Recently, stock markets appear to have experienced an almost euphoric phase, seemingly shrugging off most negative news flow day after day. Whether or not you believe in the so-called “green shoots” of economic recovery, a significant economic rebound, or a continued decline in economic activity, one thing seems abundantly clear: investors have been becoming less risk averse. The most commonly followed “fear indicator”, the VIX index, has retracted (likewise, other commonly followed indicators such as the TED spread has tightened and OIS spreads have reverted to levels not seen since the Lehman Brothers collapse), three month T-bill yields have recently risen and equity markets around the world have rebounded from March lows.
Let’s not get ahead of ourselves just yet though. We consider the impetus for the recent stock market rally has been news flow and data pointing to economic stabilization in the U.S., not an economic rebound. Negative news flow and data still seems to predominate, though it appears to be dissipating. As such, we may well be nearing an economic trough, as the rate of decline of economic growth (also referred to as the second derivative of economic growth), appears to be slowing. That said, positive news flow continues to be conspicuous in its absence. Hence, we would caution against misinterpreting current data as a precursor to a looming economic recovery. Indeed, significant economic overhang and headwinds remain, while an economic stabilization, in and of itself, does not portend an imminent economic rebound.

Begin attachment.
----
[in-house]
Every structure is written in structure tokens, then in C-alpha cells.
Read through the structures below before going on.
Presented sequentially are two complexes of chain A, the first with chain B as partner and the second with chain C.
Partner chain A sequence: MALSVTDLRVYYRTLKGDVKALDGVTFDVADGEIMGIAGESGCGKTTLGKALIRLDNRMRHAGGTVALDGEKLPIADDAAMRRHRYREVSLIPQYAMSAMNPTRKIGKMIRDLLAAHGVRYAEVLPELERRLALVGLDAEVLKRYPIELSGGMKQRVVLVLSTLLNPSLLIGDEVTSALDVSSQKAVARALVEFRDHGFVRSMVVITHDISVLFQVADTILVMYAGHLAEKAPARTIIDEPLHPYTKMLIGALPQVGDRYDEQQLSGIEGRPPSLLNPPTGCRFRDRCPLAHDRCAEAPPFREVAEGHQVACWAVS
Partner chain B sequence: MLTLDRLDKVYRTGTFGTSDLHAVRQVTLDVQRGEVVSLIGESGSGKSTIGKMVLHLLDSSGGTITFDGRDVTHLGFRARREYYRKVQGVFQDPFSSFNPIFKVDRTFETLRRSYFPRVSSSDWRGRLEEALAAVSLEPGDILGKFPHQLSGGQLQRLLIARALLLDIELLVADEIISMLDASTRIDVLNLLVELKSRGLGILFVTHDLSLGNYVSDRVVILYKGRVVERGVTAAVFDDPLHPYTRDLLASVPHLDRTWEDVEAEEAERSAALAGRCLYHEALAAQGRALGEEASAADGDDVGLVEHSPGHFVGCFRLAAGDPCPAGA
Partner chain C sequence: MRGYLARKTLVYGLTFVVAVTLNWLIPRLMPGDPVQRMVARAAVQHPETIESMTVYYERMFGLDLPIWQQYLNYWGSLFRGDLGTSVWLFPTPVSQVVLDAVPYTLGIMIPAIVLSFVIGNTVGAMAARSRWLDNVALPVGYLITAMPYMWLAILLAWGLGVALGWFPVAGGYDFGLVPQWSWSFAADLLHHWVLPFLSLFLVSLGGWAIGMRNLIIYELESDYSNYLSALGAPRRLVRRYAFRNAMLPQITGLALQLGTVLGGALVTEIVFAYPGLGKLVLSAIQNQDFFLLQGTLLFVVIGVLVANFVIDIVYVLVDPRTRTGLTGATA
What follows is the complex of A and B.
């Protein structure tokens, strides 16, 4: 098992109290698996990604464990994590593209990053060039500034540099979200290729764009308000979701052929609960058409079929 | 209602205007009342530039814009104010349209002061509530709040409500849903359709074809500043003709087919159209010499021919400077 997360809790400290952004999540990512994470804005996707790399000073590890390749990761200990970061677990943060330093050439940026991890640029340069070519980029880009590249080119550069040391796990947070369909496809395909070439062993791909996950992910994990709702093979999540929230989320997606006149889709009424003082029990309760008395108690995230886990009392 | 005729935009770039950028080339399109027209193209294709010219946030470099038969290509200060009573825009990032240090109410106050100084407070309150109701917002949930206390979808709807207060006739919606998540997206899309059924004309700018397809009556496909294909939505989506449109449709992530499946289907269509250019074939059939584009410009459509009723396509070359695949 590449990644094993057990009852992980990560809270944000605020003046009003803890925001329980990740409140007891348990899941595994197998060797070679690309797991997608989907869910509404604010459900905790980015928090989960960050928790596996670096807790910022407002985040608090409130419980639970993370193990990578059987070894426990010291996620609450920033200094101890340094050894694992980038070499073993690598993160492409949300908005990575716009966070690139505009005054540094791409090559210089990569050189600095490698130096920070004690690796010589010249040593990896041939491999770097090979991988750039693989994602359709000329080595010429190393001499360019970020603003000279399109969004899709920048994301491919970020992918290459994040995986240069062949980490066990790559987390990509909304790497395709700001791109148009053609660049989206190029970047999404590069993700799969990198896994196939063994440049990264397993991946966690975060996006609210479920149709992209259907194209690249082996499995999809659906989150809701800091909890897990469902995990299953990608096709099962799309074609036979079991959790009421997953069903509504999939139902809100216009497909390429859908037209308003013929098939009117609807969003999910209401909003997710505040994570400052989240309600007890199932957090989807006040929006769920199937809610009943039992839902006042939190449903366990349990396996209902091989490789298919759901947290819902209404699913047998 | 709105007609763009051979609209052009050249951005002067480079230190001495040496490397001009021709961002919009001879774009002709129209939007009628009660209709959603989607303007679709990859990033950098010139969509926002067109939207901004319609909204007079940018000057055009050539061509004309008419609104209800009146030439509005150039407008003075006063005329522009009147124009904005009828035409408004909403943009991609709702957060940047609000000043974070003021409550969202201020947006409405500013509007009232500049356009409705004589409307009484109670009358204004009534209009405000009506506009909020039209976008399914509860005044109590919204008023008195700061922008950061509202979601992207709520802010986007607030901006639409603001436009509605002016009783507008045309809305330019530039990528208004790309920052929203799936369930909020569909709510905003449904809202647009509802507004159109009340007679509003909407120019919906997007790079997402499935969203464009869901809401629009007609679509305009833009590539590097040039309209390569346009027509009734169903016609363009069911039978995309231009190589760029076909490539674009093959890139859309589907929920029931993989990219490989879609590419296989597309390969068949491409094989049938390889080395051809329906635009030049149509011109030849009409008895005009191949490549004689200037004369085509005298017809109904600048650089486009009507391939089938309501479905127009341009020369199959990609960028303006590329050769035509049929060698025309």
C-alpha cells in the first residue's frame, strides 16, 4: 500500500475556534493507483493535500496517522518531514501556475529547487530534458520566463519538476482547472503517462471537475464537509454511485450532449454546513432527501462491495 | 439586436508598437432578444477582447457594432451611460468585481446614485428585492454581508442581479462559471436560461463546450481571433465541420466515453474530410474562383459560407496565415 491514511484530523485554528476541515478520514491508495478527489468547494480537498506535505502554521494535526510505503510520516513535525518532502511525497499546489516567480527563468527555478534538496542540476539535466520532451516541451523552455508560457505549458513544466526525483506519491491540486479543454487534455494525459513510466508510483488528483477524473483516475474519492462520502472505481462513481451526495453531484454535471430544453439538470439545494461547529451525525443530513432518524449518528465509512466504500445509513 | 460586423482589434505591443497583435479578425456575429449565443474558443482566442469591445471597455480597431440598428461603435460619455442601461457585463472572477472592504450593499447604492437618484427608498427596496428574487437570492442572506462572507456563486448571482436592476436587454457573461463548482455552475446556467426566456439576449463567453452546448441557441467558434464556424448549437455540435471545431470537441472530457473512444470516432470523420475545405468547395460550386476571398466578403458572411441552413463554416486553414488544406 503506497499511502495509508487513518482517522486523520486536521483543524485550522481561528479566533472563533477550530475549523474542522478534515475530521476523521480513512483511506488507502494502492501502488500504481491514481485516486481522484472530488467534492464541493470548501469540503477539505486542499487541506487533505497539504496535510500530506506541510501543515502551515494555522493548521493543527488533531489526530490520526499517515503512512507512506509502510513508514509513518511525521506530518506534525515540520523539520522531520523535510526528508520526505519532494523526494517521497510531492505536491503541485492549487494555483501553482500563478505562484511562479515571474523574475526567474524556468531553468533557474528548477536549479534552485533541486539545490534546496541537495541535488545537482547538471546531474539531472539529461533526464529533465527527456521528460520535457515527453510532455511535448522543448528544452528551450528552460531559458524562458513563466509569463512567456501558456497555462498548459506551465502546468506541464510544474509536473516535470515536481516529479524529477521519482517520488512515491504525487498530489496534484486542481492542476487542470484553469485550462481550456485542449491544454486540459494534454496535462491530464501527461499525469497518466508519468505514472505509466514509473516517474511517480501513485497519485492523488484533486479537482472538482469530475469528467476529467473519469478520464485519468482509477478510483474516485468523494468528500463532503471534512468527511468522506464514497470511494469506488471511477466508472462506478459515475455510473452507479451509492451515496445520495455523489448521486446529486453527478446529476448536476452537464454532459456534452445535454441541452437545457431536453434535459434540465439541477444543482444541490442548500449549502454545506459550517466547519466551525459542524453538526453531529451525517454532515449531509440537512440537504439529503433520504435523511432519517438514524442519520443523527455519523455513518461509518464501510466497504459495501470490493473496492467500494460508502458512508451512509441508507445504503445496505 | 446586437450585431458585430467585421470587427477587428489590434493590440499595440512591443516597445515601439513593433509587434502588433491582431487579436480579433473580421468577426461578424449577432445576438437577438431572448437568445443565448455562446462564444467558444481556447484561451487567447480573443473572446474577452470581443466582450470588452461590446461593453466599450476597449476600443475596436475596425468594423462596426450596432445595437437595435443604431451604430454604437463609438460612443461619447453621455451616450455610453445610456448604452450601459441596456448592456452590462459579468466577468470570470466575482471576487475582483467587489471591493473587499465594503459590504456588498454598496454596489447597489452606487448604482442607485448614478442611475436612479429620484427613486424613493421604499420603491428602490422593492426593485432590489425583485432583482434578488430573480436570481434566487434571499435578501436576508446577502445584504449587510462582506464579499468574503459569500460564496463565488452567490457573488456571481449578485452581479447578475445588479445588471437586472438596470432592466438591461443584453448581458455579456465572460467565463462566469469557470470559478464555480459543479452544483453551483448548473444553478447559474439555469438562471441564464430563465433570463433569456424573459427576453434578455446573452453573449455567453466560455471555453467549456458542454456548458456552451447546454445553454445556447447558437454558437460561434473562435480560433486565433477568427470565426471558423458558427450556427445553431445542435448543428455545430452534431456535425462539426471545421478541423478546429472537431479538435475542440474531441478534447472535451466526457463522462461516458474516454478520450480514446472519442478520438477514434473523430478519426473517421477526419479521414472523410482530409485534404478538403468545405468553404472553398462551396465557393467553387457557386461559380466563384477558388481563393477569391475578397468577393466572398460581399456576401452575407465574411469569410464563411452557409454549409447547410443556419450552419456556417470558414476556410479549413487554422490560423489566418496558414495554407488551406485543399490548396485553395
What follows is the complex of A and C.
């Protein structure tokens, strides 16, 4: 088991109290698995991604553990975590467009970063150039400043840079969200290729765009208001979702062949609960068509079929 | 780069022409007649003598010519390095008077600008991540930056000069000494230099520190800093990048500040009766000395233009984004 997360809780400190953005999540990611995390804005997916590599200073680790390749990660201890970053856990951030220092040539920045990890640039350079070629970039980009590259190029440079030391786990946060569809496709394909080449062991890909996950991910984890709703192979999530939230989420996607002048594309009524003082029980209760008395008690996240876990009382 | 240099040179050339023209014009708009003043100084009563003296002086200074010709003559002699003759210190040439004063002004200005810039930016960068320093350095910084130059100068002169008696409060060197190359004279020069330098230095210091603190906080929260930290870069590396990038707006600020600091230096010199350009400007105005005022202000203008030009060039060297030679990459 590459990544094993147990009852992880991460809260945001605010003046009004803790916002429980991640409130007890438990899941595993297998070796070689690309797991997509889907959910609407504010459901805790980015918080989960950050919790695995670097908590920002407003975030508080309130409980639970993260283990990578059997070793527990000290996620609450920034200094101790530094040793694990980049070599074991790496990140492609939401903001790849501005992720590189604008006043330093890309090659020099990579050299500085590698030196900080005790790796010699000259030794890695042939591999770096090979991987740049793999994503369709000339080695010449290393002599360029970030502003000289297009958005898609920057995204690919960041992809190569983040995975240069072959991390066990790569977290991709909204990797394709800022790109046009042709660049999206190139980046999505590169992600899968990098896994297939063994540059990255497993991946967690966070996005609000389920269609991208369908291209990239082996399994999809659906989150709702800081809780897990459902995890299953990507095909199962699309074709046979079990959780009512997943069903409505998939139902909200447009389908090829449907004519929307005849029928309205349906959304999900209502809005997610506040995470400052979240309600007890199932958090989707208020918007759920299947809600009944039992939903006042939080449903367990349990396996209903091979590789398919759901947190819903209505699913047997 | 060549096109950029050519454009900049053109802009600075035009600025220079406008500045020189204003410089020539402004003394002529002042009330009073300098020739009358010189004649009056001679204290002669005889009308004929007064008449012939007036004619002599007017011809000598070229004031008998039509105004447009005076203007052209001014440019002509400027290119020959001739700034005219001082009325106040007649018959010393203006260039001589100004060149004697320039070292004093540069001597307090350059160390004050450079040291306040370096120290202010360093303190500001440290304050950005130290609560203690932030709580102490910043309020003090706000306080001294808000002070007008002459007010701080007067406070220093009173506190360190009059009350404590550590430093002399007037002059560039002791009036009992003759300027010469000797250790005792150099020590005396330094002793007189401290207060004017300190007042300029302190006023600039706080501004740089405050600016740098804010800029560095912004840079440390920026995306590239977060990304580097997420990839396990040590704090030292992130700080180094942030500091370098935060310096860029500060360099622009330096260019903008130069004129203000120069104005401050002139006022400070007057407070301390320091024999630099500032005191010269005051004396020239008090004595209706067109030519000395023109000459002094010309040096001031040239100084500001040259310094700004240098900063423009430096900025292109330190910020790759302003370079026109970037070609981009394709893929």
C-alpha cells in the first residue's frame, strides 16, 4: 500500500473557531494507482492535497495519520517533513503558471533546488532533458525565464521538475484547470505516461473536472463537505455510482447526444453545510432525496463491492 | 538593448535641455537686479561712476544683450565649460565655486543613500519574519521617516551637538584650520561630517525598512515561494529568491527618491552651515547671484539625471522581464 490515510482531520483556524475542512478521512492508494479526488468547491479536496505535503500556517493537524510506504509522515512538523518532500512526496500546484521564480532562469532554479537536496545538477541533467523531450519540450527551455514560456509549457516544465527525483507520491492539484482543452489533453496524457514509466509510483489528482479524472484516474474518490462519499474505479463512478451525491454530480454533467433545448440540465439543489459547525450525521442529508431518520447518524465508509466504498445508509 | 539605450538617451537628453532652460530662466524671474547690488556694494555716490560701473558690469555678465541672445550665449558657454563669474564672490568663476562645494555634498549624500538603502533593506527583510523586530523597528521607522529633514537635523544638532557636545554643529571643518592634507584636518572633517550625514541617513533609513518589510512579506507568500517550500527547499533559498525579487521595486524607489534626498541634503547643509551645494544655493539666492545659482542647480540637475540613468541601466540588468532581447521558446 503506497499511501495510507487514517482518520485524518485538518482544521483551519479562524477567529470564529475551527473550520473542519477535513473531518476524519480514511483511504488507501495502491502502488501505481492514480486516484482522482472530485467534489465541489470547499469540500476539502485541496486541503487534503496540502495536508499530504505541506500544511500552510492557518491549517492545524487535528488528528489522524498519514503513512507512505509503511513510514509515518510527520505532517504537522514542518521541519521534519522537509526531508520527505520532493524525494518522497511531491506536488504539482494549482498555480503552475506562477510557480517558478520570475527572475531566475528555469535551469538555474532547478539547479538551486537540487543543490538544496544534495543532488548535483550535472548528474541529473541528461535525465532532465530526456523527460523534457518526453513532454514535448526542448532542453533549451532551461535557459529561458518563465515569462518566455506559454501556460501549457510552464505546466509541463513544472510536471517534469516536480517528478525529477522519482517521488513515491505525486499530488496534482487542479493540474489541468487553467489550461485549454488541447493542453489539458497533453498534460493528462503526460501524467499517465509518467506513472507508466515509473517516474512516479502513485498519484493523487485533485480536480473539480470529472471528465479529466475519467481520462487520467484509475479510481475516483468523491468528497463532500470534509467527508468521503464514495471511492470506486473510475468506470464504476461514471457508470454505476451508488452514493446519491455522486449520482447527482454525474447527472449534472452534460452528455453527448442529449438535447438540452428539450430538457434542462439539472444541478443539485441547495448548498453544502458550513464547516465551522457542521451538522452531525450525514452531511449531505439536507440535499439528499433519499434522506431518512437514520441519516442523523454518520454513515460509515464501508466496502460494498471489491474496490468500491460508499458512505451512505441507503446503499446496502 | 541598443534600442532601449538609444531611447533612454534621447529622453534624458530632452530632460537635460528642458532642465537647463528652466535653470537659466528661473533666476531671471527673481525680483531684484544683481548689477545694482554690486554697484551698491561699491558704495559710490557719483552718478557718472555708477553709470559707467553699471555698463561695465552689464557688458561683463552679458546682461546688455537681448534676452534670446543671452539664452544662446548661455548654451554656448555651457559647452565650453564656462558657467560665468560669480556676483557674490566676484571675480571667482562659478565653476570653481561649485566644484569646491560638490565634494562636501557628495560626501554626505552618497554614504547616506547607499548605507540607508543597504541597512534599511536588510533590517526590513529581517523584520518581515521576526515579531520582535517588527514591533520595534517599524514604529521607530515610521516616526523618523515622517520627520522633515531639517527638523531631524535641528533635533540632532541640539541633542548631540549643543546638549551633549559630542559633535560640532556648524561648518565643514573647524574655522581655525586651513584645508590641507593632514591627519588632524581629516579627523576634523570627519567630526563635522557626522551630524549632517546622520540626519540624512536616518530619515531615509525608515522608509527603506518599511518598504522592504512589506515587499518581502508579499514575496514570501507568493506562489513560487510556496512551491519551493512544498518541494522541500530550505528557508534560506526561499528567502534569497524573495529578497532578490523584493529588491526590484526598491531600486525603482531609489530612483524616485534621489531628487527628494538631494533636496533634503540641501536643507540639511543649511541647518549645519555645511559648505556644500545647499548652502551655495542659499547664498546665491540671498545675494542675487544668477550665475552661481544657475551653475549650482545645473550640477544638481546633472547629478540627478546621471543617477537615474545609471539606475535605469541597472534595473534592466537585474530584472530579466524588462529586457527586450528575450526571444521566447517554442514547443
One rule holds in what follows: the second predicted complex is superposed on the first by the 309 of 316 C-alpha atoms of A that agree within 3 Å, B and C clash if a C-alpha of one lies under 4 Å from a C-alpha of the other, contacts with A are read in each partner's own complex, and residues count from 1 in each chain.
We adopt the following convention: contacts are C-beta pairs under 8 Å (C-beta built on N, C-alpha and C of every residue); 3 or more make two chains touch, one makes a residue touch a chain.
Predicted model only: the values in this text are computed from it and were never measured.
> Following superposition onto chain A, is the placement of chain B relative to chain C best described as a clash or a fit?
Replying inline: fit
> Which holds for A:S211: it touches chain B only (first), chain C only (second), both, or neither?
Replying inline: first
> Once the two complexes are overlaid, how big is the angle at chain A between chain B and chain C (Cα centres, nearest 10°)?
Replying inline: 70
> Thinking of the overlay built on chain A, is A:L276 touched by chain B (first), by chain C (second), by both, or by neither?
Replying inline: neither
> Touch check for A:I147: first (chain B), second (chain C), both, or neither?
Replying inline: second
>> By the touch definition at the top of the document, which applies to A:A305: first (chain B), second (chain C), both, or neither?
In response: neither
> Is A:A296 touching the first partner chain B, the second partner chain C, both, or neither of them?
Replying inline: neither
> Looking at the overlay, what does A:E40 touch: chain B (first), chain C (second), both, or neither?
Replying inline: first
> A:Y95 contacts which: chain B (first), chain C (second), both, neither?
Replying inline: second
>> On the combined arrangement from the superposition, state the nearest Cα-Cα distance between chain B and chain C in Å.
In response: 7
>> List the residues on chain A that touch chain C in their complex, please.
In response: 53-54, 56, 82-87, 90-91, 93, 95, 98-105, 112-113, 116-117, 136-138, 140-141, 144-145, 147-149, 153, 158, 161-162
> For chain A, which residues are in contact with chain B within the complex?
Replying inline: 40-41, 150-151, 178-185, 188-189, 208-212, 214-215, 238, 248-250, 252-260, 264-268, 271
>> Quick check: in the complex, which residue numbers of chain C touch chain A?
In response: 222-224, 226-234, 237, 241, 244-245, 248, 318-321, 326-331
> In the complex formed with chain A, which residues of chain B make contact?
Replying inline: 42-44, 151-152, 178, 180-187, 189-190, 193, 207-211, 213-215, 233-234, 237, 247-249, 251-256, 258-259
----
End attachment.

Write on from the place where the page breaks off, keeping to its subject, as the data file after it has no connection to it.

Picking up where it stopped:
In our opinion, it is unlikely that economic growth will exhibit a “hockey stick” rebound because so many issues must still be worked through, many of which may curtail economic growth for an extended period of time. For instance, numerous mortgage holders who bought homes around the peak of the housing bubble are yet to refinance their loans, the unemployment rate continues to climb, and de-leveraging is likely to continue at both the corporate and personal levels. All of which will constrain consumer spending, the main driving force behind economic growth. Moreover, the ambiguousness of the present administration’s intentions and policies creates a heightened level of investment uncertainty, while the inflationary implications of present Federal Reserve interventions is increasingly worrying (please see our previous newsletter entitled (Un)Intended Consequences: Uncertainty, Inflation & Inflexibility).
Nonetheless, we may be entering a phase of lower market volatility and a reversal of risk aversion trades. With the onset of the financial crisis, many investors pulled their money out of investment positions in international markets and into the U.S. dollar in a perceived “flight to safety”. We consider this phenomenon transient in nature – most of these funds did not flow to “sticky” long-term asset classes (in light of the capitulation in U.S. stock markets, it certainly doesn’t appear much ended up in equities). Just witness the yield squeeze exhibited by short-term U.S. T-bills during the crisis. Thus much of this money may be set for imminent redeployment. We believe a reversal of these positions bodes well for many international currencies.